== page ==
Even in the remote West, growth happens
Little has changed since miners and trappers settled here just before the turn of the century. For that reason it has become a summer destination, known for its charming clapboard homes and stupendous views of the surrounding 62,000-acre Lake Chelan National Recreation Area. A devoted corps of visitors and some landowners even say Stehekin is a living model of the past, one that ought to be preserved and tended as carefully as a Japanese Zen garden.
Here, where the high country doesn't open up until after the 4th of July, employment is oriented toward summer visitors. Residents work as outfitters and run the hotel, restaurants and small bakeries. Carpenters help summer residents remodel or maintain their rustic cabins. In winter, locals plow access roads and lanes. The Park Service numbers 10 career employees and four seasonal employees in winter; in summer, the permanent staff expands to 12, the seasonal to 27.
With the 1990s, however, the first considerable change descended on this 459-acre island of private land. Locals installed a phone just outside the public showerhouse and laundry. A few new homes appeared, too. In 1994, a Spokane, Wash., physician unveiled plans to build vacation homes on 27 steep and rocky lakeside acres on Logger's Point. Now, the village from the past is embroiled in a 1990s-style debate over growth as contentious as any in the West.
Bill Stifter's plans call for 13 "cabin-style" condominiums in addition to a house located prominently on the point, along with a 20-slip dock, a sophisticated system of pumps to transport sewage to level ground uphill and an electric tram to carry residents over a rocky 30-degree slope between the road and the condominiums. Stifter says his development has been carefully designed. Few trees will be cut, and the planned homes are 25 feet tall and occupy no more than 1,200 square feet on the ground.
Stifter won approval from Chelan County even though many locals and the Park Service say his development clashes with the Stehekin they're trying to preserve.
"We didn't feel that his plans as laid out were in keeping with the nature and scale of Stehekin," says Phil Campbell of the National Park Service in Chelan, Wash.
The Park Service claims the development would instantly boost the number of homeowners in the valley, straining the town's sole source of electricity: a small hydropower plant. And while Stifter did develop a detailed plan to pump sewage uphill and limit the number of cars at the site, critics insist such complicated measures are proof that the property shouldn't be developed in the first place.
The Park Service has proposed a land swap to keep the hillside condominiums out of Stehekin. The terms are now under negotiation and haven't been announced, but under the proposal the Park Service would trade public land in the Stehekin Valley and an undisclosed amount of cash for most of the Logger's Point property. Appraised at $120,000 in the 1980s, when the Park Service tried to buy the land from a previous owner, Logger's Point now carries a hefty price tag: It is appraised at more than $1 million.
A new concern
Although the town has a long history of defending its identity, past battles weren't waged against private developers: The Park Service was the target. Since the federal agency created the Lake Chelan National Recreation Area in 1968, and began purchasing private inholdings, many residents have tried to fend off what they call a "land grab" by the federal government. It has fueled a property-rights debate in the valley that drew a visit from U.S. Rep. Newt Gingrich last summer.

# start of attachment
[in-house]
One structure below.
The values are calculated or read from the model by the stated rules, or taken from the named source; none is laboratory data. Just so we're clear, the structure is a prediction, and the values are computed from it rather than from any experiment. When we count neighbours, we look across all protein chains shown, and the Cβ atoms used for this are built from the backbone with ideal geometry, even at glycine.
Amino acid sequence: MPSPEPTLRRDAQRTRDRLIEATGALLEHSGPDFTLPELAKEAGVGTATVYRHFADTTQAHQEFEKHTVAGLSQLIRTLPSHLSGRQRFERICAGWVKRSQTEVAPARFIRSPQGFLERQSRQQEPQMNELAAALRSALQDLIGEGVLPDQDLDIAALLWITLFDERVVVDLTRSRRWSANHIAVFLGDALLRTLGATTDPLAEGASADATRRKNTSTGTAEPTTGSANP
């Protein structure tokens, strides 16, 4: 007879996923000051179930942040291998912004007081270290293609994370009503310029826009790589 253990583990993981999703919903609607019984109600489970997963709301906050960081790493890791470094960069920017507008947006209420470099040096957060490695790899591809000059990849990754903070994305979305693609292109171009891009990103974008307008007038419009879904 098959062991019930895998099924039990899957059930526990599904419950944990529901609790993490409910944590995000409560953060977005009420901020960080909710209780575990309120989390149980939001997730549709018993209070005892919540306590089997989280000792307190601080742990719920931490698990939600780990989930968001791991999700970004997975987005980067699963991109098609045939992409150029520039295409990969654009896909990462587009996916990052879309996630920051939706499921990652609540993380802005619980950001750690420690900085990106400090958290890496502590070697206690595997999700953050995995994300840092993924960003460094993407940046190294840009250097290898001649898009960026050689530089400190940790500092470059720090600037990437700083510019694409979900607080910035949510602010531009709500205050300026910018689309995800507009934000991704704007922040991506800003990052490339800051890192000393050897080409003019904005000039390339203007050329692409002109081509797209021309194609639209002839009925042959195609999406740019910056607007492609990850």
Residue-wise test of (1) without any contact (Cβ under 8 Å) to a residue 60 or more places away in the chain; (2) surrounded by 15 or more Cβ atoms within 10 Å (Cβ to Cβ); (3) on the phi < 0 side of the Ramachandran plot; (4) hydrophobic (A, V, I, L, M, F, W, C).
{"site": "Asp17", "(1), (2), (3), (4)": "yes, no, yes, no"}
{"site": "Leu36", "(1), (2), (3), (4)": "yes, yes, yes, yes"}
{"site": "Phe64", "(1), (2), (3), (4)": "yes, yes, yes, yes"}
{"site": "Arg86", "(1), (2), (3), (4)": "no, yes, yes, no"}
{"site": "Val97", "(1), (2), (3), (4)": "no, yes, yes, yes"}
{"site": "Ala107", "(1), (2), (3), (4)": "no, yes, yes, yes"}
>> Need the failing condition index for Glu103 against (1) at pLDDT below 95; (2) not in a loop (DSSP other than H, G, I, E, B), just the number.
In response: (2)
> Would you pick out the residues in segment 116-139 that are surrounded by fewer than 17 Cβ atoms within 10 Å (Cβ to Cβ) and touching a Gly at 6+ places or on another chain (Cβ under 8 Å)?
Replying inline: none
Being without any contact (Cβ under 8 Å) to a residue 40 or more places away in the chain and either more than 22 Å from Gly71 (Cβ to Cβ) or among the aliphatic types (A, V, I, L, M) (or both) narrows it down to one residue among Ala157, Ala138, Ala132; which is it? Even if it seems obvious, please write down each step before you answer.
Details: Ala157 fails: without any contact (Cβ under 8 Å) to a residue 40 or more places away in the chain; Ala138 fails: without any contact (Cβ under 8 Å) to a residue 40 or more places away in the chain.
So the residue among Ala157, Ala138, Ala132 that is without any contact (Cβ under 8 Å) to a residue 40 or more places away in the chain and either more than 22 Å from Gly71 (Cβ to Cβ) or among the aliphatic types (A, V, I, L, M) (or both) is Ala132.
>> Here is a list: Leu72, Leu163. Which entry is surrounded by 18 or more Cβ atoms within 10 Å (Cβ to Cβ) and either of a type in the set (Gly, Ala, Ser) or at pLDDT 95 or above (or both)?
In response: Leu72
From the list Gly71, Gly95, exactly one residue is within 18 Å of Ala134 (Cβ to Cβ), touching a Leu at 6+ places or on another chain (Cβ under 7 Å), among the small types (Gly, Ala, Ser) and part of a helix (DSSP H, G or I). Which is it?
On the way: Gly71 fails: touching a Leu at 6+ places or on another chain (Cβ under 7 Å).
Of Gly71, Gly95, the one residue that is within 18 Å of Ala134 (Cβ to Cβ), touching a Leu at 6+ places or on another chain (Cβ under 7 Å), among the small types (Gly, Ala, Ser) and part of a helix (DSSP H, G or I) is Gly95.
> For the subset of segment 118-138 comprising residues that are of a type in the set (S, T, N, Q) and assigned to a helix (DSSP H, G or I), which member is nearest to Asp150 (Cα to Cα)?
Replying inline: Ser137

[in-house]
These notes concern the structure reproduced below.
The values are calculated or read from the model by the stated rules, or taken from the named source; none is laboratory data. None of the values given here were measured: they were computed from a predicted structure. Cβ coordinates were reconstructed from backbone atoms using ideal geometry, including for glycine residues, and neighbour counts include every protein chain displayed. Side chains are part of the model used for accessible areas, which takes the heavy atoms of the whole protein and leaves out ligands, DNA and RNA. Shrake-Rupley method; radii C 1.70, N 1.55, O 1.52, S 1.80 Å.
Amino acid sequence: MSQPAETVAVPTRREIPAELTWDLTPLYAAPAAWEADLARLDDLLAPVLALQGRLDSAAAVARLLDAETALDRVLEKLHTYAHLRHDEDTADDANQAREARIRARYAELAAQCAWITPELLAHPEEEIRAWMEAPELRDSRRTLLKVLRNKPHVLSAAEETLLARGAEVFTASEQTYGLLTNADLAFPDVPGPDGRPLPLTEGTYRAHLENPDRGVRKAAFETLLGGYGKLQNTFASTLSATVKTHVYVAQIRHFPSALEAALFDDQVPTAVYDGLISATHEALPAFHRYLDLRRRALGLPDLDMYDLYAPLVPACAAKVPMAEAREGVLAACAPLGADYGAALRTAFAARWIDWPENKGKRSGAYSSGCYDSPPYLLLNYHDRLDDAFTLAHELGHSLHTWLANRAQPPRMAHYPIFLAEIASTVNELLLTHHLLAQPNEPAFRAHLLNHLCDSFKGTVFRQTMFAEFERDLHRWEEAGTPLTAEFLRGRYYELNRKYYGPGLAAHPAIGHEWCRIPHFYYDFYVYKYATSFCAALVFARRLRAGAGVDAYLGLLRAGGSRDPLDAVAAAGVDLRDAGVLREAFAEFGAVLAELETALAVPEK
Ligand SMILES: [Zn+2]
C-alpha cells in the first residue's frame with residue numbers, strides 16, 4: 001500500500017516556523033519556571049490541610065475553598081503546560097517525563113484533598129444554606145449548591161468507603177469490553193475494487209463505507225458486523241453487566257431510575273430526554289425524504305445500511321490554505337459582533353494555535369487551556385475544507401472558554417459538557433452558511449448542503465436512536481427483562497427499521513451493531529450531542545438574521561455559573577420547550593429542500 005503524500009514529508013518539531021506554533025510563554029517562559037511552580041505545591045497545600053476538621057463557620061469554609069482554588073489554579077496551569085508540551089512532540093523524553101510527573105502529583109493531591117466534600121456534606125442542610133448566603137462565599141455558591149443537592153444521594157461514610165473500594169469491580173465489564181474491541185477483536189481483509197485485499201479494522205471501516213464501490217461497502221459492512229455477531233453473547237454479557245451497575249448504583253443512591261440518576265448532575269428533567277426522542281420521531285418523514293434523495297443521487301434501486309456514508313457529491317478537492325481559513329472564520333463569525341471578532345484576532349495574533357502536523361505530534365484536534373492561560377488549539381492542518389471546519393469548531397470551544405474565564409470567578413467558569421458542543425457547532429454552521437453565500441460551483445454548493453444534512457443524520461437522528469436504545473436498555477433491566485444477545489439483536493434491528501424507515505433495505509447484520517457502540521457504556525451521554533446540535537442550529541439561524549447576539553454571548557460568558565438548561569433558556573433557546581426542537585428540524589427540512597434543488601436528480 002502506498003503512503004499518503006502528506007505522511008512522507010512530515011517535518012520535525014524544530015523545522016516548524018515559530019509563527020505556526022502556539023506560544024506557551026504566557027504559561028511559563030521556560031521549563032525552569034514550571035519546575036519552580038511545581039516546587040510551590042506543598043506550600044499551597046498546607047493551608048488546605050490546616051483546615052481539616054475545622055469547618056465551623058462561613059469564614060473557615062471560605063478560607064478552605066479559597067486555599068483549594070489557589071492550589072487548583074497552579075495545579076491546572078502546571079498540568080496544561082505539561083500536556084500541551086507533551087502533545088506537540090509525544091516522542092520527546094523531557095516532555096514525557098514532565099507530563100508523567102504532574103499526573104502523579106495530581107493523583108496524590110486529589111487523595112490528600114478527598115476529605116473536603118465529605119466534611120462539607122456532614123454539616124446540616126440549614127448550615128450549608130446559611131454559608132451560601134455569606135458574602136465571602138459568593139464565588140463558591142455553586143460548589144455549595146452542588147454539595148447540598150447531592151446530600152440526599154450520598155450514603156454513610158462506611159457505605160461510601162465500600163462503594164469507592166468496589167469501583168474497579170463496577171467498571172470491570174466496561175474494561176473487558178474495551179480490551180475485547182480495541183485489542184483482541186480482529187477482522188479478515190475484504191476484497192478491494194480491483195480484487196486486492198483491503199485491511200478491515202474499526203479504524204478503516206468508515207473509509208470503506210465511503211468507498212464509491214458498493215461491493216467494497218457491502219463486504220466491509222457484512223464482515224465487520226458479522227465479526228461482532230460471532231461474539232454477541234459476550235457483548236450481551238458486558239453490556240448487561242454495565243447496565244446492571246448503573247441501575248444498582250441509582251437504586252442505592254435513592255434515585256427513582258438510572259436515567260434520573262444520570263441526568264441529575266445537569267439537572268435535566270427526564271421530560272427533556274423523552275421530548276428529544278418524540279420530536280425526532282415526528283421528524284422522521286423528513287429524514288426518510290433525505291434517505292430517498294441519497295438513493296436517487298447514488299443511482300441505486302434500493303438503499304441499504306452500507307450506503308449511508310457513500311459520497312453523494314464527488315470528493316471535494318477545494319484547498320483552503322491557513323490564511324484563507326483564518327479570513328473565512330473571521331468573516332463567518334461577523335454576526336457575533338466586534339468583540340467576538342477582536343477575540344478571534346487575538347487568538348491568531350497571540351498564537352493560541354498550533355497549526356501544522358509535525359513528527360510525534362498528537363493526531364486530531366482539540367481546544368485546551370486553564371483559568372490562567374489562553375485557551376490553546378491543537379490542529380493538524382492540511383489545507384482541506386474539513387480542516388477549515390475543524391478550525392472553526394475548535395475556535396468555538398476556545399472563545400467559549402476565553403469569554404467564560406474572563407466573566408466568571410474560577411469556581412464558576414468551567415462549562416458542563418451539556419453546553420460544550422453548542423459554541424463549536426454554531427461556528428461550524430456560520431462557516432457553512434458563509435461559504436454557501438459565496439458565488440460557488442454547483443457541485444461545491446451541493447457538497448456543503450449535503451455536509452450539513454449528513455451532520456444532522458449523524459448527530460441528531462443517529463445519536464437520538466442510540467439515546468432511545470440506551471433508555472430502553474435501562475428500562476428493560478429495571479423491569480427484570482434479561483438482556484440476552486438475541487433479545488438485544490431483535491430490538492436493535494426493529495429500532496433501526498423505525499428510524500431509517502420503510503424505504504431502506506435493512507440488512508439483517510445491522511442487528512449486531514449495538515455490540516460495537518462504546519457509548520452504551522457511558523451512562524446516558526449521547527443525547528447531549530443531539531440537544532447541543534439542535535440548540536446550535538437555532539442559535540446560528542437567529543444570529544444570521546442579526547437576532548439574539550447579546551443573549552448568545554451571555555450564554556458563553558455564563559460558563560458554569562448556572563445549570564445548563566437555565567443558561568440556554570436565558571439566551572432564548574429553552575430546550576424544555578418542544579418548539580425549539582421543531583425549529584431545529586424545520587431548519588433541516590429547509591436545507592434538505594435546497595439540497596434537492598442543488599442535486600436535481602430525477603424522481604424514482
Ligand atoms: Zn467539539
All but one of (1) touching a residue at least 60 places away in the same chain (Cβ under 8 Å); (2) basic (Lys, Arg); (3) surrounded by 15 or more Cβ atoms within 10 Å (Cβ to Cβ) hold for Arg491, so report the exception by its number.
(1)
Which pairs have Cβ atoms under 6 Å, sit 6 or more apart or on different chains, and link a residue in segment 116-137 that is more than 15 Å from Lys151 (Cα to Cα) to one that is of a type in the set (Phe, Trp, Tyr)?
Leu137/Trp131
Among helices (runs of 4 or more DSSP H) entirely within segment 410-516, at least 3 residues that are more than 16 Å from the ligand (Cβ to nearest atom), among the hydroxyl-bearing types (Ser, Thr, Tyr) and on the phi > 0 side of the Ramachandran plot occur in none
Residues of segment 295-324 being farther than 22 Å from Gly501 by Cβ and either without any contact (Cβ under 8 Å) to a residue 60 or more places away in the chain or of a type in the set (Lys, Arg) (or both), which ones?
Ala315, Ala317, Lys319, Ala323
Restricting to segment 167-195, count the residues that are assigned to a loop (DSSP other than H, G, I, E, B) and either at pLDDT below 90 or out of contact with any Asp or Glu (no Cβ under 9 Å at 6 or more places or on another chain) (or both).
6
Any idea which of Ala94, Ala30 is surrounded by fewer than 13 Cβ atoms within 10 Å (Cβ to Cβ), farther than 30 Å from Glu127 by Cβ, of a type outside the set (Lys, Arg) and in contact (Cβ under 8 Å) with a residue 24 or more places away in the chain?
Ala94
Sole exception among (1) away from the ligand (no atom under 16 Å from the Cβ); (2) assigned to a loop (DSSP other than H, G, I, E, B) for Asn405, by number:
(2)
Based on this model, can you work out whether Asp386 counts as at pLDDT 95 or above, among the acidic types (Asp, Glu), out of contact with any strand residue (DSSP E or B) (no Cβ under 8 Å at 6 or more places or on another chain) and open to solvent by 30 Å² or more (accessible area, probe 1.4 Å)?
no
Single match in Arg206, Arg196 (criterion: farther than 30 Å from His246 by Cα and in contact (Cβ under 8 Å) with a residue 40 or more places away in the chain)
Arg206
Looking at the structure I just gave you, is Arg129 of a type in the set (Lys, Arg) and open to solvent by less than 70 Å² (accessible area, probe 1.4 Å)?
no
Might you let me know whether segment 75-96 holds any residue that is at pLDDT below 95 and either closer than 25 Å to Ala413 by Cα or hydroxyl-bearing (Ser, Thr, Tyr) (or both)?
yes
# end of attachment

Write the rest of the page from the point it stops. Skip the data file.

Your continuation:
"The Park Service has never been welcomed with open arms in Stehekin," says Rick Wagner of the Park Service office in Seattle, who has negotiated the purchase of some of the 1,000 acres of Stehekin land bought by the agency.
Now, say critics such as Sandy Walker, a Stehekin landowner from California, the Park Service isn't doing enough to protect the valley. He says one of the proposed land-trade sites is habitat for the northern spotted owl, so he's asking the Park Service to instead buy the hillside development rights from Stifter.
The Park Service says it can do little more than what it has proposed. Legislation stipulates that the agency can purchase inholdings only from willing sellers, and its Land and Water Conservation Fund allocation from Congress is nearly spent.
"Those are two pretty big obstacles," says Park Superintendent Bill Paleck. "The critics who object in principle are very hard to please. The range of views literally run from those who would have us buy every acre in the valley to those who would have us sell back every single acre that we purchased."
The recreation area's two-year-old general management plan suggests land trades are a suitable tool for preserving parts of the Stehekin Valley, Paleck says, and a trade completed in October is a successful example. In that deal, a 20-acre patented mining claim in a nearby wilderness was traded for 5.5 acres of public land protected by a conservation easement in the Stehekin Valley.
For some, any change is unwelcome, and Carolyn McConnell, a member of the group Stehekin Alert, fears the beloved village where her mother was born is irrevocably changing.
"What it promised to be is a community in harmony with nature," she says. "And we're at the turning point."
* Dustin Solberg
Dustin Solberg is an HCN assistant editor. Freelancer Karen Olson contributed to this report.
You can contact ...
* Bill Paleck, Superintendent, North Cascades National Park and Lake Chelan National Recreation Area, 2105 State Route 20, Sedro-Woolley, WA 98284-9394 (360/856-5700, ext. 351);
* Stehekin Alert, P.O. Box 303, Stehekin, WA 98852.